I'm from Indianapolis.
We're pushing 800,000 people, three marquee auto races a year, great cost of living, a ridiculously beautiful minor league ball field, a Final Four every five years or so, the Pacers and since 1984 the Colts.
Those same Indianapolis Colts will take on the Baltimore Ravens in the NFL playoffs this afternoon, yet matchups have not been dominating the coverage. Sure, there's been the requisite talk of Ray Lewis's defense versus Peyton Manning's offense, but too much time and ink have been devoted to the indignation Baltimore has against Indianapolis for the 1984 departure of the Colts.
If you don't know how moment-to-moment and profound that instance was, take a listen to this audio.
Evidently, Baltimorians-ites-philes-ists still hold a grudge for the Colts's move 22 years ago - When Reagan was president, Thriller was king, stamps were 20 cents, and both the Raiders and Redskins could make it to the Super Bowl. Who could blame such disgust when the team slips out in the middle of the night? Who could blame them then? But as of now, Baltimore really should have moved on. Some reasons for closure
- Rohn Stark, punter and last Baltimore Colt to wear the blue and white in Indianapolis, left the organization in 1994 spending three more seasons with Pittsburgh, Seattle & Carolina.
- February 8, 1996 Art Modell moves the then Cleveland Browns to Baltimore filling the 13 year NFL-less void.
- Robert Irsay, the man who moved the team to Indianapolis, died on January 18, 1997.
- The Ravens won Super Bowl XXXV in 2001.
- Johnny Unitas openly swore his allegiance to Baltimore and not the Colts organization.
Whether or not Baltimore decides to move on is up to their fans. I've been to Baltimore - and not just the inner harbor mind you - and I've trapsed through many of its 4,000 or so documented neighborhoods (the actual number may be lower). I've had crab cakes at Phillip's. I've been openly gawked at for being the only white man on the street car. I've had beers in some awesome pubs while meth heads are being rounded up on the curb. It's a neat town, a unique town, a place most people would visit but only a select few would stay. And those few are the Baltimore loyals, committed to their city's image even more than Hasim Rahman.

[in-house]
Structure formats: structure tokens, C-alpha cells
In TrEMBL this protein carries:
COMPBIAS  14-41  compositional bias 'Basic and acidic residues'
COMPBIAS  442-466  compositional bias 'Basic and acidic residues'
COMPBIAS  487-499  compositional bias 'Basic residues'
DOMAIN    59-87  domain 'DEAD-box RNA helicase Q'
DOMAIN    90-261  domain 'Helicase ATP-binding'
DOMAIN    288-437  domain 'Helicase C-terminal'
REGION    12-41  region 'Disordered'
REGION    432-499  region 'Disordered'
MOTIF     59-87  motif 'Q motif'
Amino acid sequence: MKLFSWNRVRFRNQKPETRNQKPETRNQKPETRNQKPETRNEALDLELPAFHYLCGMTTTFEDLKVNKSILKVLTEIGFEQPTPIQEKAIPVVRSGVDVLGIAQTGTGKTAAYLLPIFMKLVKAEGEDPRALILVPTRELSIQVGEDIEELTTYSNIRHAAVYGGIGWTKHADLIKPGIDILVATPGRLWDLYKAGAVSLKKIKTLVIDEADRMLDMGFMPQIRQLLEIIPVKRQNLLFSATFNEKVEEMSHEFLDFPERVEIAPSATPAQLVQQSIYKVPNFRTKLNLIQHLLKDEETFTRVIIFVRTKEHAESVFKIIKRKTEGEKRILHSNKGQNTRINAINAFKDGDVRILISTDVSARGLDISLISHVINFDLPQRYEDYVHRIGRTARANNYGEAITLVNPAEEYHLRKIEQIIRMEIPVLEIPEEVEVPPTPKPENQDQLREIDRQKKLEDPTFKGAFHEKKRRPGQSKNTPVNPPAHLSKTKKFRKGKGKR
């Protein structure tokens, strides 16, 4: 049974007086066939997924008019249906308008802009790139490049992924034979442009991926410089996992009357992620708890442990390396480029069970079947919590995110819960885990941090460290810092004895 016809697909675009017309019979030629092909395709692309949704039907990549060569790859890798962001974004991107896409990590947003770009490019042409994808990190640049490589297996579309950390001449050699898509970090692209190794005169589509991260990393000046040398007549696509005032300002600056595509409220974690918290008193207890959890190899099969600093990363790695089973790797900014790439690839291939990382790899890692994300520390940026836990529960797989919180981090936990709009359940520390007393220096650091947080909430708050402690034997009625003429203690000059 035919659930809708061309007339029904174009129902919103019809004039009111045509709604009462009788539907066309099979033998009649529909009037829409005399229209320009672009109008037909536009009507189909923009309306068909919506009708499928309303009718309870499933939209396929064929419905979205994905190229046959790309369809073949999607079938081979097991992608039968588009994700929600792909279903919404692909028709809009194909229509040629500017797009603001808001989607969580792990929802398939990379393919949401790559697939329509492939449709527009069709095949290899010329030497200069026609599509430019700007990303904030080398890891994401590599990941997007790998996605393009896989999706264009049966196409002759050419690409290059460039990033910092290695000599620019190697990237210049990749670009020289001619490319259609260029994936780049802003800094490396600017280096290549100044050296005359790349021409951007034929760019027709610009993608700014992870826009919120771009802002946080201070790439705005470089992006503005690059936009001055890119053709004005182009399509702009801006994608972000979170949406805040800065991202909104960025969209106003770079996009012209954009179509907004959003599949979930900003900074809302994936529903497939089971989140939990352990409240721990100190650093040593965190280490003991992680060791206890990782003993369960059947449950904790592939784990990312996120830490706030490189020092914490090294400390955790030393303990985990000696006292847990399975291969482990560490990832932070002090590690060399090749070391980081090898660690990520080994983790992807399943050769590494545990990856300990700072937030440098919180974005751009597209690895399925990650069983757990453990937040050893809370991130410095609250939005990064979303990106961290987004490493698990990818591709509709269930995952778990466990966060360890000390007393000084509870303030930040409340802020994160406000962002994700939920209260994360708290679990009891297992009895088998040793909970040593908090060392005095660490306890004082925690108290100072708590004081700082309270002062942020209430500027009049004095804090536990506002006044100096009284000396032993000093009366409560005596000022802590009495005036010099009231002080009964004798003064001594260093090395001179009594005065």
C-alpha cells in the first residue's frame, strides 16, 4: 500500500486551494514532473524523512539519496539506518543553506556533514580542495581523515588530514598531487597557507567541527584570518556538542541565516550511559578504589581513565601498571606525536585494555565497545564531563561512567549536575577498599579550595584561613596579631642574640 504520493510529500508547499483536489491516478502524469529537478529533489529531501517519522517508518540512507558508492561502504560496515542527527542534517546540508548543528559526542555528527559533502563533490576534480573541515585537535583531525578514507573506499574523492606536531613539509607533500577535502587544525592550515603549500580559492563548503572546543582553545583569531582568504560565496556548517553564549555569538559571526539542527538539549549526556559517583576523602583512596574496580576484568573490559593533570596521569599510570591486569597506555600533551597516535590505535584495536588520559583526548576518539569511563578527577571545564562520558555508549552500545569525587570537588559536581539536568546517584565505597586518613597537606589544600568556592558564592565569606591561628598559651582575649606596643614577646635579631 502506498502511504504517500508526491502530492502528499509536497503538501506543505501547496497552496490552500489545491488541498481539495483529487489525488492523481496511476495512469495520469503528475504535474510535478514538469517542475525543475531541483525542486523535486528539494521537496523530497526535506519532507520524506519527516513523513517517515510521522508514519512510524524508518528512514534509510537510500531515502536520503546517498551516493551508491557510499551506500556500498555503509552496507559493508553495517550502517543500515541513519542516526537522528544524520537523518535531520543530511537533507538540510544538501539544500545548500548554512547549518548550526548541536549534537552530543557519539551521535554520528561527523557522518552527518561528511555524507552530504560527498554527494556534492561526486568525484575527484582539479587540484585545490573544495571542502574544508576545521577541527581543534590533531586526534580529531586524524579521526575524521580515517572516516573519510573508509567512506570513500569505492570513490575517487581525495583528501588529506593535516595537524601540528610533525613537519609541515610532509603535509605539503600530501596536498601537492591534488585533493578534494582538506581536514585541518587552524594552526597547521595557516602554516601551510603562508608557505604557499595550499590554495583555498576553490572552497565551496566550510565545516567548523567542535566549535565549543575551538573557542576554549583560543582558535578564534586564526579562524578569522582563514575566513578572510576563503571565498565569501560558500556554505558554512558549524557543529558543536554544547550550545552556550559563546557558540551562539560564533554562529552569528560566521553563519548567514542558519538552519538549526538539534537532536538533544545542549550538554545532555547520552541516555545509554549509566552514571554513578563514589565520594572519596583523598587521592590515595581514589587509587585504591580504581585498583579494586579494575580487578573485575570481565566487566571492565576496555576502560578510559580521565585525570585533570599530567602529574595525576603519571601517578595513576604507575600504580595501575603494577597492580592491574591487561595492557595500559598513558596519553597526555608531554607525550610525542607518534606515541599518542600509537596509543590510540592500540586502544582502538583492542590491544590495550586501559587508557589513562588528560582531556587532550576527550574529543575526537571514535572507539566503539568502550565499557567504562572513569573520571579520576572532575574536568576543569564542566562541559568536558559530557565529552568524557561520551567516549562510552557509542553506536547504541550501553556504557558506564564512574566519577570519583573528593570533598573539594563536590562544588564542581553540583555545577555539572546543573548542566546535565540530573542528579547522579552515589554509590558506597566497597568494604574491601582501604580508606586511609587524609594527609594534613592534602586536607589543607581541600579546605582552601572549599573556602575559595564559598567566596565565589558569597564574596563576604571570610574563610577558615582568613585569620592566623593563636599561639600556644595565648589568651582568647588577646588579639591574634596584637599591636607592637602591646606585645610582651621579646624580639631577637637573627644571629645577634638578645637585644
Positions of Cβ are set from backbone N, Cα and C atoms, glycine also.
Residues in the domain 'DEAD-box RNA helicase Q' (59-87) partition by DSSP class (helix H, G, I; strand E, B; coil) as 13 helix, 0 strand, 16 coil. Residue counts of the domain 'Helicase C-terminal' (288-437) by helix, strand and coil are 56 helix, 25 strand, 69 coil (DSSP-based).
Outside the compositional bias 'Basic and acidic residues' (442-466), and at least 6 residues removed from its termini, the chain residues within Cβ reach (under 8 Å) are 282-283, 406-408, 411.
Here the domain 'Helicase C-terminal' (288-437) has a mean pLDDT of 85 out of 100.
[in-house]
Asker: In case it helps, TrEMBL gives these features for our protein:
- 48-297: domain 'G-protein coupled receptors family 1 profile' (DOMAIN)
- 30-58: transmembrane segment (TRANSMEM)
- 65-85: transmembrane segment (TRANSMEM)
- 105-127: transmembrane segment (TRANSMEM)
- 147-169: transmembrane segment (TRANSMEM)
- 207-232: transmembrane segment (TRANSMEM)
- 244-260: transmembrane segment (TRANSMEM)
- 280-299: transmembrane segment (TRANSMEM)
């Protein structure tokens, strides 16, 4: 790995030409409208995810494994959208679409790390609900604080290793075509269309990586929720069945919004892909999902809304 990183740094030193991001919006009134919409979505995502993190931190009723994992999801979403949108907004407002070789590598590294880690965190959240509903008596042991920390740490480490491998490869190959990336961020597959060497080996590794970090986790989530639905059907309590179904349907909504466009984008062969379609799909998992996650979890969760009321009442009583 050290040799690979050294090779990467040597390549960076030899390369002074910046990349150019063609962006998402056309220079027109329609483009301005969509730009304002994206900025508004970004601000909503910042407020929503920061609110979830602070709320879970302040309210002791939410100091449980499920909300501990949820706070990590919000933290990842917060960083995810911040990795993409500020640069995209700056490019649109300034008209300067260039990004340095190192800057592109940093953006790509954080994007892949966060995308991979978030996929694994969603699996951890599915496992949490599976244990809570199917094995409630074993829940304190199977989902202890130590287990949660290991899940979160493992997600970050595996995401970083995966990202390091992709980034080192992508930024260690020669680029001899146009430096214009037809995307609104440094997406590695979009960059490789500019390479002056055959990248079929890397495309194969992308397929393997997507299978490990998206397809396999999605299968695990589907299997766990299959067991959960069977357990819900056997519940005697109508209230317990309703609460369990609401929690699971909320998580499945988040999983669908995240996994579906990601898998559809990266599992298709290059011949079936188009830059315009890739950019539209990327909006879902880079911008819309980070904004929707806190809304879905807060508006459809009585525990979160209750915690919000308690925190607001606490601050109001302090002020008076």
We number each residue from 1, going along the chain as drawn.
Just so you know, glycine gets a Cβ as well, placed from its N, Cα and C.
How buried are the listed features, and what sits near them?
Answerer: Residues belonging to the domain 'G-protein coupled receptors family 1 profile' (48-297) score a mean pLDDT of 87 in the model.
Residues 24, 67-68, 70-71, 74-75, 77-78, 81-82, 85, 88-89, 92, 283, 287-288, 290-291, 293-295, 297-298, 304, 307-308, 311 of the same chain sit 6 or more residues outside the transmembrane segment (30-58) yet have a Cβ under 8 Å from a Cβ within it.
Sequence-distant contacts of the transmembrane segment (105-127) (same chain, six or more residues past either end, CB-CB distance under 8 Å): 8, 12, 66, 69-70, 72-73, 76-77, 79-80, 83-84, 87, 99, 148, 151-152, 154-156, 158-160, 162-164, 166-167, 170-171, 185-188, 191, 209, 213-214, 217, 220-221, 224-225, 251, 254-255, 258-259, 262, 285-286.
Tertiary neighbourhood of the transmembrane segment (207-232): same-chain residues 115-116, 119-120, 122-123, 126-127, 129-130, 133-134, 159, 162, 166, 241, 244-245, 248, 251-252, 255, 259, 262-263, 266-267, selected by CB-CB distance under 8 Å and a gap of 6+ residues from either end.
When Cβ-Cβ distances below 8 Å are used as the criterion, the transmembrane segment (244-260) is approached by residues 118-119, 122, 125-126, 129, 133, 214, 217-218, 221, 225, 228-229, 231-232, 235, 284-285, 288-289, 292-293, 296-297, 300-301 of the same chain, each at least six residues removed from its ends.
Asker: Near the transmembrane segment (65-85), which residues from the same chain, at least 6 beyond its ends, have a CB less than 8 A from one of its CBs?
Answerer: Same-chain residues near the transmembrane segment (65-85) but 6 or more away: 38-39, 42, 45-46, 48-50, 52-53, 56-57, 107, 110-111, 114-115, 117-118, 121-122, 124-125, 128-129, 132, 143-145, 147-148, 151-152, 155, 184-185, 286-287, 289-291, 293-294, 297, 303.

So what will it be Baltimore? Will a loss today finally settle the score? Will a victory prove your inherent dominance? Will Ed Reed return a pick-six and point at Unitas and Art Donovan's numbers enshrined at M&T Bank Stadium?
Or will Robert Irsay continue to be a spook story you tell your kids - "If you don't eat your meat, ole' Bobby Irsay will come and move your parents to Indianapolis in the middle of the night. And you won't have anyone to love you for 13 years or until some other team craps on their city and moves downtown."
It's really looks like Baltimore is too happy with disgust. So, what's it gonna be?